Who contributes more to the local economy: hobby or conventional farmers? A groundbreaking study delivered the first findings this week.
More than 70 people heard first-hand from the researchers from the University of Melbourne/Agribusiness Gippsland/Mornington Peninsula Shire study at The Briars, Mt Martha.
Four post-graduate students from the University of Melbourne’s school of business and management researched the topic, first suggested by Agribusiness Gippsland director and Kernot dairy farmer, Marie Trigg.
Their main findings were:
- However, the average annual ongoing cost for hobby farmers was $153,286, while those of commercial farmers averaged $83,977.
- Approximately 83% of commercial farmers earn less than the average annual income while nearly 82% of hobby farmers earn less than the average income. This could be because hobby farmers invest more in terms of on-going farming cost and capital cost.
- Gross income, operating and capital expenditure and council rates per hectare are higher for hobby farms than for commercial farms.
- Higher rates are most probably linked to the higher Capital Improved Value of hobby farming properties.
- Both types of farmers need to pay for inputs: equipment, fencing, infrastructure, water catchment, livestock and revegetation. On bigger farms, these costs average out over a larger area and are lower.
- The spending figures suggest that because hobby farmers buy more equipment and spend more on operating their farms, they stimulate local demand and provide more employment opportunities for local community.
- Commercial farmers were found to contribute more in council rates due to their larger landholdings but the rate per hectare was lower than that of hobby farmers. However, in terms of return on investment, hobby farmers experience a higher rate of return on their rates.
The two-week study co-ordinated by Agribusiness Gippsland saw the four international students hosted by the Mornington Peninsula Shire and dairy farmers John and Sue Anderson of Bunyip Home Farm.
“The group visited local farms and even got down into the milking shed to try their hand at draining the cows. It was as hands-on as we could make it,” said Agribusiness Gippsland chair Alex Arbuthnot AM.
“The study quantified – for the first time – that hobby farmers increasingly are making a significant contribution to the social and economic well-being of the community and this research helps clarify the importance of the role they play.”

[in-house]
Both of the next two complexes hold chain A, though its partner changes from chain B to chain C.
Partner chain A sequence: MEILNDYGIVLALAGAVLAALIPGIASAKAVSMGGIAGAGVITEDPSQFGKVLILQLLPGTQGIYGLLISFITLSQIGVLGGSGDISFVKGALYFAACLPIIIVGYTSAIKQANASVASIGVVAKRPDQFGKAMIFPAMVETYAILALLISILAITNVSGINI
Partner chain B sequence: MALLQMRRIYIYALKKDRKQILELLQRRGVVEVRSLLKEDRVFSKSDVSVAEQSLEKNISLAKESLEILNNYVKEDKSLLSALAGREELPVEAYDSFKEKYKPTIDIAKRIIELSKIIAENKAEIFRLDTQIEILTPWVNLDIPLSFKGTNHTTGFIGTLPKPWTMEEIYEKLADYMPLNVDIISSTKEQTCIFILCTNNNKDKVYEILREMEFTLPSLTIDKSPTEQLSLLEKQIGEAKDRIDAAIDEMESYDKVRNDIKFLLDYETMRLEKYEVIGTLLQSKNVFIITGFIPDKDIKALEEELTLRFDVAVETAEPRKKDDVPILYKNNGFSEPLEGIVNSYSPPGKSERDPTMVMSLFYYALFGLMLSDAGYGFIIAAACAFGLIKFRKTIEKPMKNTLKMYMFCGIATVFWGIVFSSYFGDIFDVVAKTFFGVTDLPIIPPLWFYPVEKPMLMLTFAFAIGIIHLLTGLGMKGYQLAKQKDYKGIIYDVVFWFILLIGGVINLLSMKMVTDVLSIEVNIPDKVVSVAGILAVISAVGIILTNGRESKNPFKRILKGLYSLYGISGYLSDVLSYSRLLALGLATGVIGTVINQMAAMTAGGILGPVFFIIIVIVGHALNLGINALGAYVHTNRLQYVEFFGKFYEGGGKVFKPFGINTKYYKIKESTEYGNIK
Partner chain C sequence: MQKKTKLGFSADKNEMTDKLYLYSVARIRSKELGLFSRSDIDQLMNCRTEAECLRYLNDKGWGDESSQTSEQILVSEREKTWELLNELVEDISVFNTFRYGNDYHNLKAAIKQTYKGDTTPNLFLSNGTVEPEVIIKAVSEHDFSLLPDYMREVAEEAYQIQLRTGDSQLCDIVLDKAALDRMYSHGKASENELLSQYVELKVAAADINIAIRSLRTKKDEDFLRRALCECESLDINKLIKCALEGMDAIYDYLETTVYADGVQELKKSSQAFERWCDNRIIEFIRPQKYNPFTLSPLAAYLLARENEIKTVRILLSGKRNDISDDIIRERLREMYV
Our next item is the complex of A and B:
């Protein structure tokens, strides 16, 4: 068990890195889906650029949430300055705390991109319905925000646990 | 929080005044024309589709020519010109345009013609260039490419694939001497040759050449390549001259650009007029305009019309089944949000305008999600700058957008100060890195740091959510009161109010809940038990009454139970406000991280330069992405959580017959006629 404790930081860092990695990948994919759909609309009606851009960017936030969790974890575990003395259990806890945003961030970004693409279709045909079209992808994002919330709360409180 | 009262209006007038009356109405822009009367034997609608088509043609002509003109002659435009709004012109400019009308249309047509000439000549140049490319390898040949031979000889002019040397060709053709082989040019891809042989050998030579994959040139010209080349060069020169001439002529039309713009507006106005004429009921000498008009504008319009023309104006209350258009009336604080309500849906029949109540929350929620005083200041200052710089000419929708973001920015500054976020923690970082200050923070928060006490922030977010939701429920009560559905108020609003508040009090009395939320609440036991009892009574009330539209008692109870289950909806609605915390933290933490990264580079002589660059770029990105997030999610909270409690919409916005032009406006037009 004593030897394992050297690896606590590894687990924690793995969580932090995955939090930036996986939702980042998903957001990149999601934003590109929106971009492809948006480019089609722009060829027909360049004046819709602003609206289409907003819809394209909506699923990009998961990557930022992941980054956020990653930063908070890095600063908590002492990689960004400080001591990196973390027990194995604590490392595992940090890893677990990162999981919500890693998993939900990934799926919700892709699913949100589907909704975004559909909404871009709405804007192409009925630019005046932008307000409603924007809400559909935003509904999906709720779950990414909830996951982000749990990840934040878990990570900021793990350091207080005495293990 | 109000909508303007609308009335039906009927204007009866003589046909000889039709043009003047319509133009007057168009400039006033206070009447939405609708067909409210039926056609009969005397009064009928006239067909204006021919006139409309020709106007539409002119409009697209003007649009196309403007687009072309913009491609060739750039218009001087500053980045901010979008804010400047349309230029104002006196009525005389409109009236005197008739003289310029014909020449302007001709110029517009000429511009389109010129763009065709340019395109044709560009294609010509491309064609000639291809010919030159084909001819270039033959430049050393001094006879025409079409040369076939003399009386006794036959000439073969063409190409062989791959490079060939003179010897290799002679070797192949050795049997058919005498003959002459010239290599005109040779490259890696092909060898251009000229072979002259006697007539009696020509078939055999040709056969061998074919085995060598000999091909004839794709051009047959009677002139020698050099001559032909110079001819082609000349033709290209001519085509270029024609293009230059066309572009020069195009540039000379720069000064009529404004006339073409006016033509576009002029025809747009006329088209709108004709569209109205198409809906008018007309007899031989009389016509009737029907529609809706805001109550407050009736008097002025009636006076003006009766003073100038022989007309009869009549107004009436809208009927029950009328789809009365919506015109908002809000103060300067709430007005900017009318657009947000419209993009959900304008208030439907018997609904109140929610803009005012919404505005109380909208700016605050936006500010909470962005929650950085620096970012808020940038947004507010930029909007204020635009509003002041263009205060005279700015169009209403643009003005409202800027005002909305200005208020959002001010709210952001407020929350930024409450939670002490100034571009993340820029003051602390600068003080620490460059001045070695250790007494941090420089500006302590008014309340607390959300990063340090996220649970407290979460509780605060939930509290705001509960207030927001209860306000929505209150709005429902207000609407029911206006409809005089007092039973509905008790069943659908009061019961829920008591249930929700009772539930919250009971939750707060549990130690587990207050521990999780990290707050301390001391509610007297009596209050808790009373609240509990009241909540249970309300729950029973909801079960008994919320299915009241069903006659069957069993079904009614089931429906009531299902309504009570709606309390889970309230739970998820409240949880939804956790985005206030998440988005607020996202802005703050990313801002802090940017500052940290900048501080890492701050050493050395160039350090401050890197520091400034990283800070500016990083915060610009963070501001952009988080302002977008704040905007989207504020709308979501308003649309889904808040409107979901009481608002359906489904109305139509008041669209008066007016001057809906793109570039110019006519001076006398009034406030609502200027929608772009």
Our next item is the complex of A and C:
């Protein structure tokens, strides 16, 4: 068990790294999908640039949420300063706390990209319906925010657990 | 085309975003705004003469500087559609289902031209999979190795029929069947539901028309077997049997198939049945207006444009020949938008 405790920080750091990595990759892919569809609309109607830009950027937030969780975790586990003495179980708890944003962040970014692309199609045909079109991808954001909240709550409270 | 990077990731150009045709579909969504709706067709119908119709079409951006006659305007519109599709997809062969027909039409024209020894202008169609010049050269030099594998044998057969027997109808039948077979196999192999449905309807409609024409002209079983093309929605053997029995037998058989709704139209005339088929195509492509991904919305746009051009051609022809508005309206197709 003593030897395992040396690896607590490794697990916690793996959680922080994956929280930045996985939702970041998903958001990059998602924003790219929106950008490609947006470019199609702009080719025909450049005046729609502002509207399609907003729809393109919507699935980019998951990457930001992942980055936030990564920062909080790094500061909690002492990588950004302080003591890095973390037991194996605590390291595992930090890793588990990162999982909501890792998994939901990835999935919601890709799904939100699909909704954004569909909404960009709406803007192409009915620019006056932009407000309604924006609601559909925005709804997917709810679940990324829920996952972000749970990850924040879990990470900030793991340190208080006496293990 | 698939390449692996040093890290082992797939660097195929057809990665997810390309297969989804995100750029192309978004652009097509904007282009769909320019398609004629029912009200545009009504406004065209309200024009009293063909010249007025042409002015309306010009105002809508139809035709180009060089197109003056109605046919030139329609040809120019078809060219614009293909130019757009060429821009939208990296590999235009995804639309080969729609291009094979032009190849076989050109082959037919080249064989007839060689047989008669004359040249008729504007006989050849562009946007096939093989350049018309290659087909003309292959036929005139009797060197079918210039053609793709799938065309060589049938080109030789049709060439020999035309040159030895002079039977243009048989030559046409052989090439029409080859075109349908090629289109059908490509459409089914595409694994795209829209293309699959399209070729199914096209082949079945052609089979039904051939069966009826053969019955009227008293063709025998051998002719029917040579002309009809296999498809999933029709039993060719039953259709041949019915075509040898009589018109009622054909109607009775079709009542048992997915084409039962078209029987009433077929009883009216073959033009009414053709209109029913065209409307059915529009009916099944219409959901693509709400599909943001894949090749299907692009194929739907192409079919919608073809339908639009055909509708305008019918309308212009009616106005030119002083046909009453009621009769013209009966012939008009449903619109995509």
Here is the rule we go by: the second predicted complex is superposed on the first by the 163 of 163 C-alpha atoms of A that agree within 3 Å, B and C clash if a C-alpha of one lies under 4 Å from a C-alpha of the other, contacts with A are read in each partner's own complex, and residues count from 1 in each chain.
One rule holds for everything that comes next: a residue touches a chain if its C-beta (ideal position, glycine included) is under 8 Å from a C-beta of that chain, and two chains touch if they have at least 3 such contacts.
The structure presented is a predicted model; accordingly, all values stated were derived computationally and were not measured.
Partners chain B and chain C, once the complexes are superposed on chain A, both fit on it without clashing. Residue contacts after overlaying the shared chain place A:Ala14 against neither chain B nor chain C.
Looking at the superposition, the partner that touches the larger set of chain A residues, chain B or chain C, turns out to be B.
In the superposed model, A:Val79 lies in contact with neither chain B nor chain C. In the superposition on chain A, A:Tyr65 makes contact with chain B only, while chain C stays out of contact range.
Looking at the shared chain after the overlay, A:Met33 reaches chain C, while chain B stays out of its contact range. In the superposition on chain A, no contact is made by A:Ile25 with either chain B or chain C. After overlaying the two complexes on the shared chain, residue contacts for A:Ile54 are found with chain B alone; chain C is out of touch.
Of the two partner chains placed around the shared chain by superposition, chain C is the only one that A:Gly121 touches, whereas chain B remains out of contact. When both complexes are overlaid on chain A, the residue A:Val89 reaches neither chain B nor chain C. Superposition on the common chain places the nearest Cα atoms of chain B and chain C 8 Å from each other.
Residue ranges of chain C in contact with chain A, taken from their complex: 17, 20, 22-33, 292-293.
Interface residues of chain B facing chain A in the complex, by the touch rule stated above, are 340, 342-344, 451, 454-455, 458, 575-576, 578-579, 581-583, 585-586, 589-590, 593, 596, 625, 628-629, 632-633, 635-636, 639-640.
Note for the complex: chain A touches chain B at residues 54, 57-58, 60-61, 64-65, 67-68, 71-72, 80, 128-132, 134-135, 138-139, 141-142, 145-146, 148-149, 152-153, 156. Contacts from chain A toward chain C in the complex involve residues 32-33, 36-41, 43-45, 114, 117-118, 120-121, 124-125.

The study involved an anonymous data scan of Mornington Peninsular Shire’s rating base to calculate the rate contribution and service delivery for each group. It also involved some telephone surveys of contactors servicing farm properties in the shire. Lastly, an anonymous online survey to determine income and expenditure correlated with farm and off-farm activity attracted hundreds of responses.
“About 80% of these replies came from the south-east corner of Gippsland with the majority of these from the per-urban areas of south-east Victoria. However, we were staggered that the balance of replies came from as far afield as Canberra, southern NSW and Warrnambool. These add some research rigour to our findings,” Mr Arbuthnot said. “It also suggests how this issue is top-of-mind to many landowners.”
He noted that the researchers had some difficulties establishing economic activities and defining the two categories.
“We thank the rates department team of Mornington Shire, and Gillian Stewart the shire’s agribusiness officer, for their assistance. And we especially thank the Andersons who hosted the team for a week on their Bunyip farm,” he said.
The research team has already been invited to present their findings to the local Victorian Farmers’ Federation in late June. Researchers in three states have registered an interest in the results.
Download a complete copy of Comparing Economic Benefits between Commercial and Hobby Farmers.